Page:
Is TNB obligated to supply electricity to everyone? Can they do so without observing the law? This issue was recently mooted and dealt with by the Federal Court in Tenaga Nasional Berhad v Bukit Lenang Development Sdn Bhd  1 CLJ 42.
Brief facts of the case
Bukit Lenang purchased a piece of land from the Johor government in 1996. They intended to develop the land. However, they could not proceed with their plan as there were squatters on the land. A chain of events transpired from this point onward:
Bukit Lenang brought a legal action against the squatters in 2000. They demanded (in the suit) the squatters to vacate the land. The High Court and Court of Appeal sided with Bukit Lenang on this issue.
As the squatters were supplied with electricity by Tenaga Nasional Bhd (‘TNB’), Bukit Lenang had on two occasions (once during the trial against the squatters in 2002 and once after obtaining a judgement against the squatters in the High Court in 2004) demanded TNB to cease supplying electricity to the squatters.
TNB ignored Bukit Lenang’s demand, stating that it is within their rights to do so and they were merely doing what they are suppose to do i.e. supplying electricity to individuals/ household occupying a land as prescribed under the Electricity Supply Act (‘the Act’) [Specifically, section 24(1) and 24(5) of the Electricity Supply Act 1990].
More legal actions ensued. This time, Bukit Lenang sued TNB for trespassing onto their land to supply electricity to the squatters.
The court’s stance
The High Court, Court of Appeal and Federal Court sided with Bukit Lenang, stating that TNB had no obligation to supply the squatters with electricity considering that they had clearly trespassed onto the Bukit Lenang’s land (by virtue of them supplying the squatters with electricity).
What does the court say?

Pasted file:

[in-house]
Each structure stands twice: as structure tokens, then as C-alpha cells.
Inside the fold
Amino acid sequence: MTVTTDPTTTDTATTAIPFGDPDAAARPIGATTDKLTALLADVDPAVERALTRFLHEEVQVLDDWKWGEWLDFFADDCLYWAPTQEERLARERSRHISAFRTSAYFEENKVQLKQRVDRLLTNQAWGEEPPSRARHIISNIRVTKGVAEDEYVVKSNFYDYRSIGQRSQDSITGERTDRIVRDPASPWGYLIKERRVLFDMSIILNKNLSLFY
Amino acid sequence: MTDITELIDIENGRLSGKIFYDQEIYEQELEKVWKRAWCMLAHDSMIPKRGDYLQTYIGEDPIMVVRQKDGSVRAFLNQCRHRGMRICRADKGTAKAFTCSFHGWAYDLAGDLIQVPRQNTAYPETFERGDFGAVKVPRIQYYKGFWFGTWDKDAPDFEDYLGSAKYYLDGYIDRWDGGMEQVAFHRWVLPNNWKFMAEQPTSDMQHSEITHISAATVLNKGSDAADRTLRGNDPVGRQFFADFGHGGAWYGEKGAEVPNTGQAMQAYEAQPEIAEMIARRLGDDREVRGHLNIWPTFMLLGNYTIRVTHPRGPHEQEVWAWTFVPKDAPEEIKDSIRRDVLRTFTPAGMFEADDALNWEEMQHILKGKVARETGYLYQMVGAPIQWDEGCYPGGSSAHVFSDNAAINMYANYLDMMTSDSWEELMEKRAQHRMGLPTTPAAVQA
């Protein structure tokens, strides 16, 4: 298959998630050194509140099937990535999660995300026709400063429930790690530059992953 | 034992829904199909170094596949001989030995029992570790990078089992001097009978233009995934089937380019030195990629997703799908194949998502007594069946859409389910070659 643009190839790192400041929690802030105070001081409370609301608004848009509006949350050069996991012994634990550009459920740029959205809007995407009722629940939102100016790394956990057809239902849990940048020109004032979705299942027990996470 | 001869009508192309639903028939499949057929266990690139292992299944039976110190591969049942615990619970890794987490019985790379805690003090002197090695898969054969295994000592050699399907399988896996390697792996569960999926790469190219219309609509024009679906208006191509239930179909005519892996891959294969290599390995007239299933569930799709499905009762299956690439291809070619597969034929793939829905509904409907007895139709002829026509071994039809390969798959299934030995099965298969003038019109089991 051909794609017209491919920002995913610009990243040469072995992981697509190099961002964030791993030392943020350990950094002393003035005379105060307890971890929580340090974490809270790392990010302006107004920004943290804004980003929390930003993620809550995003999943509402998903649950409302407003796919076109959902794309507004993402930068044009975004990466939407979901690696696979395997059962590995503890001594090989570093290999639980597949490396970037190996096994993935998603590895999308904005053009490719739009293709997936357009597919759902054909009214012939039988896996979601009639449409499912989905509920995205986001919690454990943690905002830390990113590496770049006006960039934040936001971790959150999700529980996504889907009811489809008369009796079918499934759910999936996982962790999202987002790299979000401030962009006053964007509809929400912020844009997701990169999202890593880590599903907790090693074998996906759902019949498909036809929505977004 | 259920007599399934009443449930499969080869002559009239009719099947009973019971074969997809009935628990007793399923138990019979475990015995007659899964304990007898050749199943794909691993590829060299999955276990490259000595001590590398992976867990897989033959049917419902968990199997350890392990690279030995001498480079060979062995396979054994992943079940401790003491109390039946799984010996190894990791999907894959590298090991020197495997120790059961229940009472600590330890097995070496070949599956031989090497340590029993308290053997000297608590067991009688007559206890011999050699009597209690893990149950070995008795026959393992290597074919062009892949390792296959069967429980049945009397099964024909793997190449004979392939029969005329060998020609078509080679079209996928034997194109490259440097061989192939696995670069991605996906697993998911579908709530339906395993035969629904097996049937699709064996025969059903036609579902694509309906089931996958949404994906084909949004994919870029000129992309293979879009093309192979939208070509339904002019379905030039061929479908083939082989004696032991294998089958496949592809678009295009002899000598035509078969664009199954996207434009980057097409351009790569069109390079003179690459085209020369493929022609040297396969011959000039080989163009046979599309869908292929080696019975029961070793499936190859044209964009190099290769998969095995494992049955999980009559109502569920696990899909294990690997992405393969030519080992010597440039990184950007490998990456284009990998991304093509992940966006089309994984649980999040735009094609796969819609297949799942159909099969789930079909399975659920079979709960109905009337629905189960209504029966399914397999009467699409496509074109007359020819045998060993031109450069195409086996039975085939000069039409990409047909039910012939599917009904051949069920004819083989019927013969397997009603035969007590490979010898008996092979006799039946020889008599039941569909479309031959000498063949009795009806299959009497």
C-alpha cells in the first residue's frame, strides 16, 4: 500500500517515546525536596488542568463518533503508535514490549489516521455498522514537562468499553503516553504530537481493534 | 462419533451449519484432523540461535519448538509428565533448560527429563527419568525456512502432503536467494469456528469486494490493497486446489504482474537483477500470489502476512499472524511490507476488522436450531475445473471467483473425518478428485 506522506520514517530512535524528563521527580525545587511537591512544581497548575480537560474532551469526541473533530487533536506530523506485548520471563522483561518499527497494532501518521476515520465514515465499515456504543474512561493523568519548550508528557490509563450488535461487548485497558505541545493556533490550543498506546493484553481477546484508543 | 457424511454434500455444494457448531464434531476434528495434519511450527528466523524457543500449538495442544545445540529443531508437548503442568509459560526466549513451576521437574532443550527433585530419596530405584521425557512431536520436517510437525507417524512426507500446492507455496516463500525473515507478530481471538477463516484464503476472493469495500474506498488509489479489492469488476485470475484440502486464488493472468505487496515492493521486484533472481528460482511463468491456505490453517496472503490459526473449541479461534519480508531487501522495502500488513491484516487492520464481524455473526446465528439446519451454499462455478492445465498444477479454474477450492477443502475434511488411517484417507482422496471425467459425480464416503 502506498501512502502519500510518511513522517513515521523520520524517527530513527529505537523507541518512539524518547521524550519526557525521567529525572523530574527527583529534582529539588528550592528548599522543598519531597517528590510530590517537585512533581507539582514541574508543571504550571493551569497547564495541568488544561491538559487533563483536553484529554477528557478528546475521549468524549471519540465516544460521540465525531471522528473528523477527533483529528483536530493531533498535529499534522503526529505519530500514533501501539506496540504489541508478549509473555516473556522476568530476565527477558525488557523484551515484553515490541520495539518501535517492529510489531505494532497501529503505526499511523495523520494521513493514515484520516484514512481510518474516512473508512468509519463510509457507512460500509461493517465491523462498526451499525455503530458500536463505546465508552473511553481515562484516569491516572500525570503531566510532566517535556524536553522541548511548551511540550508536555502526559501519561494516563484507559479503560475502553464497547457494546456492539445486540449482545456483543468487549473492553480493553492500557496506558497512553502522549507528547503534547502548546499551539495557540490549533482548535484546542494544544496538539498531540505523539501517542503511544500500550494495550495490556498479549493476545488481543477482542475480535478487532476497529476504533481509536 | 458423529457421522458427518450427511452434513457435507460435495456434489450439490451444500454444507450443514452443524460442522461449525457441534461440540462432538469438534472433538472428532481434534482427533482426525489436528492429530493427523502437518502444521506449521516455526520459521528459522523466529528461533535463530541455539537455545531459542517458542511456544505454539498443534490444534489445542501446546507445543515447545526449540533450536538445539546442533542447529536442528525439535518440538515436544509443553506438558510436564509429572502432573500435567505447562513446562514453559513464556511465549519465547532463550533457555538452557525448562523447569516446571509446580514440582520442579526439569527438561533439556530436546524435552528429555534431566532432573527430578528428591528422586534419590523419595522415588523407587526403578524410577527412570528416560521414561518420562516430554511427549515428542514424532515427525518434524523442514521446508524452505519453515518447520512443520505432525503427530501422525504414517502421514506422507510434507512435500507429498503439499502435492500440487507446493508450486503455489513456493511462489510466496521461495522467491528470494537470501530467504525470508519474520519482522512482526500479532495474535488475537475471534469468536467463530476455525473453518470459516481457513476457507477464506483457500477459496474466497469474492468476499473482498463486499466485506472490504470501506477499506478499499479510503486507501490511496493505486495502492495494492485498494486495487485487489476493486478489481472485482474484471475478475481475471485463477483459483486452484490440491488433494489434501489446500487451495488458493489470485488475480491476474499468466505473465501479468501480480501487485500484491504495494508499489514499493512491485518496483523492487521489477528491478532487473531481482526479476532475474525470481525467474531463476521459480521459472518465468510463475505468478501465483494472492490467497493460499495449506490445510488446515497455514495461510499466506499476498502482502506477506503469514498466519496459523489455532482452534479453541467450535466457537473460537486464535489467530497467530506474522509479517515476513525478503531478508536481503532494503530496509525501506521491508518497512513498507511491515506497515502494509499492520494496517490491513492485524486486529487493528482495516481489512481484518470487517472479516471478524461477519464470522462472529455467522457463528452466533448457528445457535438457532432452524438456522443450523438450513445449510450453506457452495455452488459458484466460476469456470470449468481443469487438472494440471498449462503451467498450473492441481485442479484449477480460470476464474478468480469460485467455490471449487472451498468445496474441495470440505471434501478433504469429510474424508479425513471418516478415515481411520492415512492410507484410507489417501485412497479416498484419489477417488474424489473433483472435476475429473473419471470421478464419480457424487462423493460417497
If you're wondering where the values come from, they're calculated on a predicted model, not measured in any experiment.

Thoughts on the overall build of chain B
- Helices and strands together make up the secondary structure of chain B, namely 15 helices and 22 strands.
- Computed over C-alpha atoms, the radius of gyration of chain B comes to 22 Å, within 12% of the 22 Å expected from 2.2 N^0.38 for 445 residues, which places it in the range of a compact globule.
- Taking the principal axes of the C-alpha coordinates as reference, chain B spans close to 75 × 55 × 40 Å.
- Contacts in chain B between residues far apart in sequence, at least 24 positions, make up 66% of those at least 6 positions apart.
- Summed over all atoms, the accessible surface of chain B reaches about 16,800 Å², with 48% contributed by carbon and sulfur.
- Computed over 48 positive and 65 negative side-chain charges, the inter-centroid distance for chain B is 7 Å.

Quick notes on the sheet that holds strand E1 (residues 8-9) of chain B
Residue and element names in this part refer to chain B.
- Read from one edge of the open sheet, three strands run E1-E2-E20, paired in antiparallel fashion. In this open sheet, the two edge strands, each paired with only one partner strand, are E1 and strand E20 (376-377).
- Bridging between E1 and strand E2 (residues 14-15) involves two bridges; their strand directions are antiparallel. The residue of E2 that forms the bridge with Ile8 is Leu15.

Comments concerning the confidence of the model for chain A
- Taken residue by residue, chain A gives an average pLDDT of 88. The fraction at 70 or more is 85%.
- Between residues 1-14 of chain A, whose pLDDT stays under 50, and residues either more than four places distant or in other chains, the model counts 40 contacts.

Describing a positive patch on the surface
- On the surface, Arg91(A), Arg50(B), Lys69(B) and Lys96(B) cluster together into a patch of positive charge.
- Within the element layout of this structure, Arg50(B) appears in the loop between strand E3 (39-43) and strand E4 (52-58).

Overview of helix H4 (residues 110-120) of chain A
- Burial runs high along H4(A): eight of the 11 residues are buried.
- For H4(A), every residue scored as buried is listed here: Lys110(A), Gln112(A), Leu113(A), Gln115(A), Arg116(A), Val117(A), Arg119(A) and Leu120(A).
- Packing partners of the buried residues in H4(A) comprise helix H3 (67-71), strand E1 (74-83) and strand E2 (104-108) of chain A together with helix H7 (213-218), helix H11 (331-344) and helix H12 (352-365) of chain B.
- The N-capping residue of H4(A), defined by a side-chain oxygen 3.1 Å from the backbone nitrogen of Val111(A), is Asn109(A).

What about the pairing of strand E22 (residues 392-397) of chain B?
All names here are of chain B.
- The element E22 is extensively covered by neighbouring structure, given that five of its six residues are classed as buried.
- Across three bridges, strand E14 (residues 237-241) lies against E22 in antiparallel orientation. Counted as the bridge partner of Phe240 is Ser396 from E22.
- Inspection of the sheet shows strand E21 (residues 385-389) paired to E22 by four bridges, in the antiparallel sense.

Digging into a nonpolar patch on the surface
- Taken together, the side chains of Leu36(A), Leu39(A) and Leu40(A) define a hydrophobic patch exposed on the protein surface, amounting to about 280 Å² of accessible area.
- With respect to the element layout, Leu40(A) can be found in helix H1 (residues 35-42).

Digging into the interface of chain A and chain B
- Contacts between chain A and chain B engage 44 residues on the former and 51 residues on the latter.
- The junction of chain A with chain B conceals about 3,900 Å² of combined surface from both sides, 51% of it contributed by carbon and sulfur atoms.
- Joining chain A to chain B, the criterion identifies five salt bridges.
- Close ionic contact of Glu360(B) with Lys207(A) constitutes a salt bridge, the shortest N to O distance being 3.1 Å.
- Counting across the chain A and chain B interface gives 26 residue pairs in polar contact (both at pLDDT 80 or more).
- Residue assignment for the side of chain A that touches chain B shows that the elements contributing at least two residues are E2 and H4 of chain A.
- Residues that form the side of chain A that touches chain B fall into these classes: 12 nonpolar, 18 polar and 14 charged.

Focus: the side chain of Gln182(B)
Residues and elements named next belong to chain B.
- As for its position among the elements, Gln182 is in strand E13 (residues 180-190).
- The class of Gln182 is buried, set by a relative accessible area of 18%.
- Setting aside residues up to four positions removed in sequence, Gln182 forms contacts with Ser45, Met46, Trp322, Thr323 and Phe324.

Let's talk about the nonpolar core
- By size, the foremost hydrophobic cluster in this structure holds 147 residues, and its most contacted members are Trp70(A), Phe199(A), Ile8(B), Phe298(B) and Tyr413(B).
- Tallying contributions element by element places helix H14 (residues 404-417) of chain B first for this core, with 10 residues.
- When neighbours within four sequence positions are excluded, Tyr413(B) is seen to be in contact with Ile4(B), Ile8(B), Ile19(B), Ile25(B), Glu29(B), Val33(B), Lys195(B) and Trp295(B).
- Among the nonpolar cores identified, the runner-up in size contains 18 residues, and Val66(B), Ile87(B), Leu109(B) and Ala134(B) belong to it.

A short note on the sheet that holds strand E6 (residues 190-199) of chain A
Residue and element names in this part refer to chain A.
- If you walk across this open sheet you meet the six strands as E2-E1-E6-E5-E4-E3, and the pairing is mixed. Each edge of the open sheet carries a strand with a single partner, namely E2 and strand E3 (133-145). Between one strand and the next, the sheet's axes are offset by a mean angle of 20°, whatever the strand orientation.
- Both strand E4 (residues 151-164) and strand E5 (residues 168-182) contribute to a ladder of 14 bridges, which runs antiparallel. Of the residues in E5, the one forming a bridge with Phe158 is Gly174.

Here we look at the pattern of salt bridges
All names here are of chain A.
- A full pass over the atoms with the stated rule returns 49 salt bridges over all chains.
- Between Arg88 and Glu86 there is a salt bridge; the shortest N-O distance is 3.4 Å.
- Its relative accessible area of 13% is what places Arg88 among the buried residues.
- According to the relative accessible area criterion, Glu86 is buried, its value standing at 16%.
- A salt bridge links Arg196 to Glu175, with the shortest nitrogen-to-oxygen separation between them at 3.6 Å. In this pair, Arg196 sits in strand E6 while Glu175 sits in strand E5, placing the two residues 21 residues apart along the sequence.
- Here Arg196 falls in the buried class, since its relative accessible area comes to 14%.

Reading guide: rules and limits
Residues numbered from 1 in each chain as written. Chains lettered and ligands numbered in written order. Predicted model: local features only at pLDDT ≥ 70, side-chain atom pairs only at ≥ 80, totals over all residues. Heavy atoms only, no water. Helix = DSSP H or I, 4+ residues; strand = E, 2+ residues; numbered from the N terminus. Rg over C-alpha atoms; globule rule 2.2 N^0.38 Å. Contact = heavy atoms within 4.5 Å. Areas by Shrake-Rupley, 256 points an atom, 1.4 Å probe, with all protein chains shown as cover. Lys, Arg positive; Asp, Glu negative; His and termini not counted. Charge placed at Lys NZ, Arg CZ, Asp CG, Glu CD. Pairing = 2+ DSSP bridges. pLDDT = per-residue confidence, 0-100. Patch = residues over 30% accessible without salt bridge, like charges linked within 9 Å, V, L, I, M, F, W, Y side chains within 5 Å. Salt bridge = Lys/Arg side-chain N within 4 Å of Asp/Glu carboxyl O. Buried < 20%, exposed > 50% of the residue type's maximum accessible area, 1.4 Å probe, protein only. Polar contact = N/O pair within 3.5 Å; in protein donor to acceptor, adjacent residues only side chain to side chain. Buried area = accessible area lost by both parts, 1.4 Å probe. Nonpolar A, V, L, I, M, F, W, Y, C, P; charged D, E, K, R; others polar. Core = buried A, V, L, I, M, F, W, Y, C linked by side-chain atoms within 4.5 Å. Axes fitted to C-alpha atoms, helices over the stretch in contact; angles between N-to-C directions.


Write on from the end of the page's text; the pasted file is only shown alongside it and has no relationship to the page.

While the Act was created to ensure that everyone is able to enjoy electricity within their respective households, this does not mean that TNB should just supply it to anyone and everyone. In this regard:-
If that is the correct interpretation of the Act, it would effectively encourage any Tom, Dick and Harry to trespass into another's land and illegally set up an abode there. TNB then would have no choice but to provide electricity to them. And by the same breath, TNB would have to trespass onto the owner’s land without their consent to supply electricity to a wrong doer;
It would also mean that the fundamental rights of the owner to enjoy the use of his property without interference, as guaranteed under the Federal Constitution, would have been eroded by the Act itself. Until and unless a legislation makes it very clear that the fundamental rights of an individual are being taken away by a specific legislation, such an idea cannot stand and any such interpretation must be interpreted in tandem with the individual rights guaranteed under the Article 13 Federal Constitution; and
TNB is bound by the law- Albeit merely carrying out their duties as a utilities provider, they nevertheless are still subject to any existing laws in performance thereof.
As the Court puts it:
“It is no defence to a claim in tort to say that the act was carried out in the public interest.”
While it might sound honourable (and to ensure that individual rights are protected and that no one exploits the law for their own gain to the detriment of others), TNB cannot do so (i.e. supplying electricity to everyone) without observing the rights of the individual to the land/ without due regards to the law.